3 The Reformers also stressed that it is through faith in Jesus Christ that sinners are justified. For them, saving faith is not merely the faith of assent to the facts of the gospel or a willingness to accept what the church believes, but a personal reliance on the Lord Jesus Christ. Justification, however, is not based on faith. It is based on Christ and received through faith. Luther was also quick to emphasise that it is through faith alone that sinners are declared righteous. He was, and still is, criticised for adding ‘alone’ to his German New Testament translation of Romans 3.28. His reply was to the effect that the sense of the passage demanded it. Both he and Calvin point out that, in the very same part of Romans, Paul goes on to stress that works do not justify. If it is not faith plus works that justifies then it must be by faith alone.16
4 Although the Reformers stressed that good works have no part to play in justification, they did show how important these were in the life of the believer. They insisted, however, that the good works of believers are not meritorious but are the fruit and signs of justification. They do not merit salvation; they do not help to gain final acceptance on the day of judgement.17 In fact, Calvin says, ‘we have not a single work going forth from the saints that if it be judged in itself deserves not shame as its just reward’. ‘Let a holy servant of God, I say, choose from the whole course of his life what of an especially noteworthy character he thinks he has done . . . Undoubtedly he will somewhere perceive that it savors of the rottenness of the flesh.’18
5 Because the Reformers looked to Jesus Christ alone they could be assured that they were accepted by God. Christian assurance is not confidence in oneself and one’s own abilities: it comes from relying entirely on the grace of God in Christ. Already the Christian has passed from death to life and will not be condemned. Such assurance is most noticeable in the wording of the wills that people from all classes of society made prior to death. Those who still clung to the old religion of the pope committed their souls not only to God but to Mary and the saints, and requested that prayers and masses be said for their souls to bring a speedy end to their time in purgatory. Money was often left for this specific purpose. On the other hand, those who embraced the gospel of justification by faith alone expressed absolute certainty in Christ and his death to save them. In London, the famous English chronicler Edward Hall, wrote out his will in 1546, yielding his soul to its ‘maker and redeemer by whose passion, and not by my deserts, I trust only to be saved, for He hath washed away my sins, I doubt not, by His precious blood’.19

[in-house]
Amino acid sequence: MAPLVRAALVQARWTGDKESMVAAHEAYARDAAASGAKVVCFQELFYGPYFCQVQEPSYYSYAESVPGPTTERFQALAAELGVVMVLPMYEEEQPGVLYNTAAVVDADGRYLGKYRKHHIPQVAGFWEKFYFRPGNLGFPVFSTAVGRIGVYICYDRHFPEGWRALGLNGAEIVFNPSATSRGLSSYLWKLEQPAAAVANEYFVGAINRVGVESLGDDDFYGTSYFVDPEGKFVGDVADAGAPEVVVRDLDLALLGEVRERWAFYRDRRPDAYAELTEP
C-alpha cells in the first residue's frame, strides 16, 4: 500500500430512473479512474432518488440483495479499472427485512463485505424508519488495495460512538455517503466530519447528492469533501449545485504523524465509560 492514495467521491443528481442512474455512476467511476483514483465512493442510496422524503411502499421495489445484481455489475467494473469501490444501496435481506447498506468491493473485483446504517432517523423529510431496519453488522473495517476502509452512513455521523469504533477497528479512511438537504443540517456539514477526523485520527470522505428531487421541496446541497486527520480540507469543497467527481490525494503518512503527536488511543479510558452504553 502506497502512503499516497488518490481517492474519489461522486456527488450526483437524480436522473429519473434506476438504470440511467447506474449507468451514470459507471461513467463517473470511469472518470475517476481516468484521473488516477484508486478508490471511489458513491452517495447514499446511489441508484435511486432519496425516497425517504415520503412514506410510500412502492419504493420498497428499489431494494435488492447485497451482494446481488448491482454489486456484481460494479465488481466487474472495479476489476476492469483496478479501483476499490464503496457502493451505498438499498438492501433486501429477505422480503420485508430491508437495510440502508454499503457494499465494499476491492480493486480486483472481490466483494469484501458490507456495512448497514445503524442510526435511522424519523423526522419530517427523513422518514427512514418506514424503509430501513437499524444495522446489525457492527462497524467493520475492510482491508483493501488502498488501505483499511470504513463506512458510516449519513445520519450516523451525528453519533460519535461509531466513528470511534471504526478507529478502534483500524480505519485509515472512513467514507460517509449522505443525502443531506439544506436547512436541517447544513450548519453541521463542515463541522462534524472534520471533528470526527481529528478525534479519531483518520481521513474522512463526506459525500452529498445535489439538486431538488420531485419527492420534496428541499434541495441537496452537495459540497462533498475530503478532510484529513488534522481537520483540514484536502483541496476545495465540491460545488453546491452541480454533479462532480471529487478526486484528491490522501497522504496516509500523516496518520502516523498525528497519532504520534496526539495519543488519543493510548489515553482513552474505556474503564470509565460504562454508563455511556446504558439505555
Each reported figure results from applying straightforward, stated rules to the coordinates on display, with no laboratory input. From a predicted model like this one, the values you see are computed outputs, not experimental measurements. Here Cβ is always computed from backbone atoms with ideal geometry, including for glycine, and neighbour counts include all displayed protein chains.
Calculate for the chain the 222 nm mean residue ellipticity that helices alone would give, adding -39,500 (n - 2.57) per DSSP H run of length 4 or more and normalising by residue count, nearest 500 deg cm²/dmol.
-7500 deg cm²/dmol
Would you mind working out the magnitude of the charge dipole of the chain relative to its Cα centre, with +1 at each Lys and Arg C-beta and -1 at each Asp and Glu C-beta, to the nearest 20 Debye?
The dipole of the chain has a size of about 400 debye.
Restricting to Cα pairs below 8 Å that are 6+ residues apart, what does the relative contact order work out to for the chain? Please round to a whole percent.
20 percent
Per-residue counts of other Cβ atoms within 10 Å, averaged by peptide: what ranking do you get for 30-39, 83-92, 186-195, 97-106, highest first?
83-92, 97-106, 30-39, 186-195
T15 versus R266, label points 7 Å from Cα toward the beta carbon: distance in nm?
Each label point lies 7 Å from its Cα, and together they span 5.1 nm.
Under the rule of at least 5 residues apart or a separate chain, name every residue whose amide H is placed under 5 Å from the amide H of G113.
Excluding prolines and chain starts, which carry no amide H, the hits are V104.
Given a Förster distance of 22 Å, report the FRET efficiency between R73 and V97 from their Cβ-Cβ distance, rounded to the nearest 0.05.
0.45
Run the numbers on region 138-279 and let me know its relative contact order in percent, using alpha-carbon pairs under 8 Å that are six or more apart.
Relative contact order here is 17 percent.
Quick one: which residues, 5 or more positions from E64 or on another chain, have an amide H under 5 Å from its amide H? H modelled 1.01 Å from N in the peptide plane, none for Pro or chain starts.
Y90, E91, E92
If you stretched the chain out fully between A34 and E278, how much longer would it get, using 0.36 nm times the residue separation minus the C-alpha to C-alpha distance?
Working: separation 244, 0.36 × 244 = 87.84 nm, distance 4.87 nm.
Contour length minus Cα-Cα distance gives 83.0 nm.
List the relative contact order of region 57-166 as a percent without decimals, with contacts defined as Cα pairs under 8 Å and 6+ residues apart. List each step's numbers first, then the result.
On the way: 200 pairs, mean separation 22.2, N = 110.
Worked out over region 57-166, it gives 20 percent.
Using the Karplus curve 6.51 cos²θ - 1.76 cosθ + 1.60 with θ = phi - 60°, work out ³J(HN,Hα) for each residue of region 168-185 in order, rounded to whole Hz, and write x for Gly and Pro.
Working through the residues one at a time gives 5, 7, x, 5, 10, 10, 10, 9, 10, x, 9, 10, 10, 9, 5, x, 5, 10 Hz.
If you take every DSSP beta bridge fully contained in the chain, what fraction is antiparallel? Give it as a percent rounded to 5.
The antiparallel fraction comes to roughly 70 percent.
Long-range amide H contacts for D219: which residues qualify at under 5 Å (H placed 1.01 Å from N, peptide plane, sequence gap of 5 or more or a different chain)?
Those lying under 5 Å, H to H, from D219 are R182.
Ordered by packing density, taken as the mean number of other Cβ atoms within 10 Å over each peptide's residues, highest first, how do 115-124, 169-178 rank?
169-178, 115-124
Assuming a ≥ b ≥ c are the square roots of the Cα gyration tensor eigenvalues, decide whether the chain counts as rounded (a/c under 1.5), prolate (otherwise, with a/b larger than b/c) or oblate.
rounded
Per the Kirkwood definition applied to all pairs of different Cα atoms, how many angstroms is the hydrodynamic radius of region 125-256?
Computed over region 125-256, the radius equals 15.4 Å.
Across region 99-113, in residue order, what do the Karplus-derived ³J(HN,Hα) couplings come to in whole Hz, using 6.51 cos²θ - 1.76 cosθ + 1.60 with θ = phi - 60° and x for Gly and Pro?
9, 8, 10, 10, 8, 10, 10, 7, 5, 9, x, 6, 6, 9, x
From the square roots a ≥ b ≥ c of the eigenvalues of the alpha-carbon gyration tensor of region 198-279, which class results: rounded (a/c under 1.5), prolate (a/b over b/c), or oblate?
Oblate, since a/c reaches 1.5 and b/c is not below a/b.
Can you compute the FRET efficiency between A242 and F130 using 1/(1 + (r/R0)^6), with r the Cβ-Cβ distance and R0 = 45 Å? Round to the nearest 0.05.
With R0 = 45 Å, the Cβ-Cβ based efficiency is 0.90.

In summary, the teaching of the Reformers emphasised that a person is justified by grace alone, through faith alone, in Christ alone, to God’s glory alone. By insisting on these points, they had not invented a new doctrine but rediscovered an old truth. The Reformers went back to the Bible for their understanding of this as they did for other matters of faith and practice.
Not a New Teaching
In his masterly treatment of justification James Buchanan staunchly defends the Protestant position against the Roman allegation that it was unknown for fourteen hundred years and was a new thing introduced for the first time by Luther and Calvin. He shows that the doctrine of justification ‘was so thoroughly discussed in the writings of the Apostles . . . that their immediate successors had no occasion to treat it as an undecided question . . . They found it an established and unquestioned article of the common faith, and they assumed and applied it in their writings, without thinking it necessary to enter into any formal explanation or proof of it.’20 Alister McGrath in his history of the subject states that ‘For the first three hundred and fifty years of the history of the church, her teaching on justification was inchoate (undeveloped) and ill-defined. There had never been a serious controversy over the matter’.21 At this time the attention of the church was directed toward other important elements of the faith that were being denied, which resulted in the great Christological and Trinitarian debates and creeds.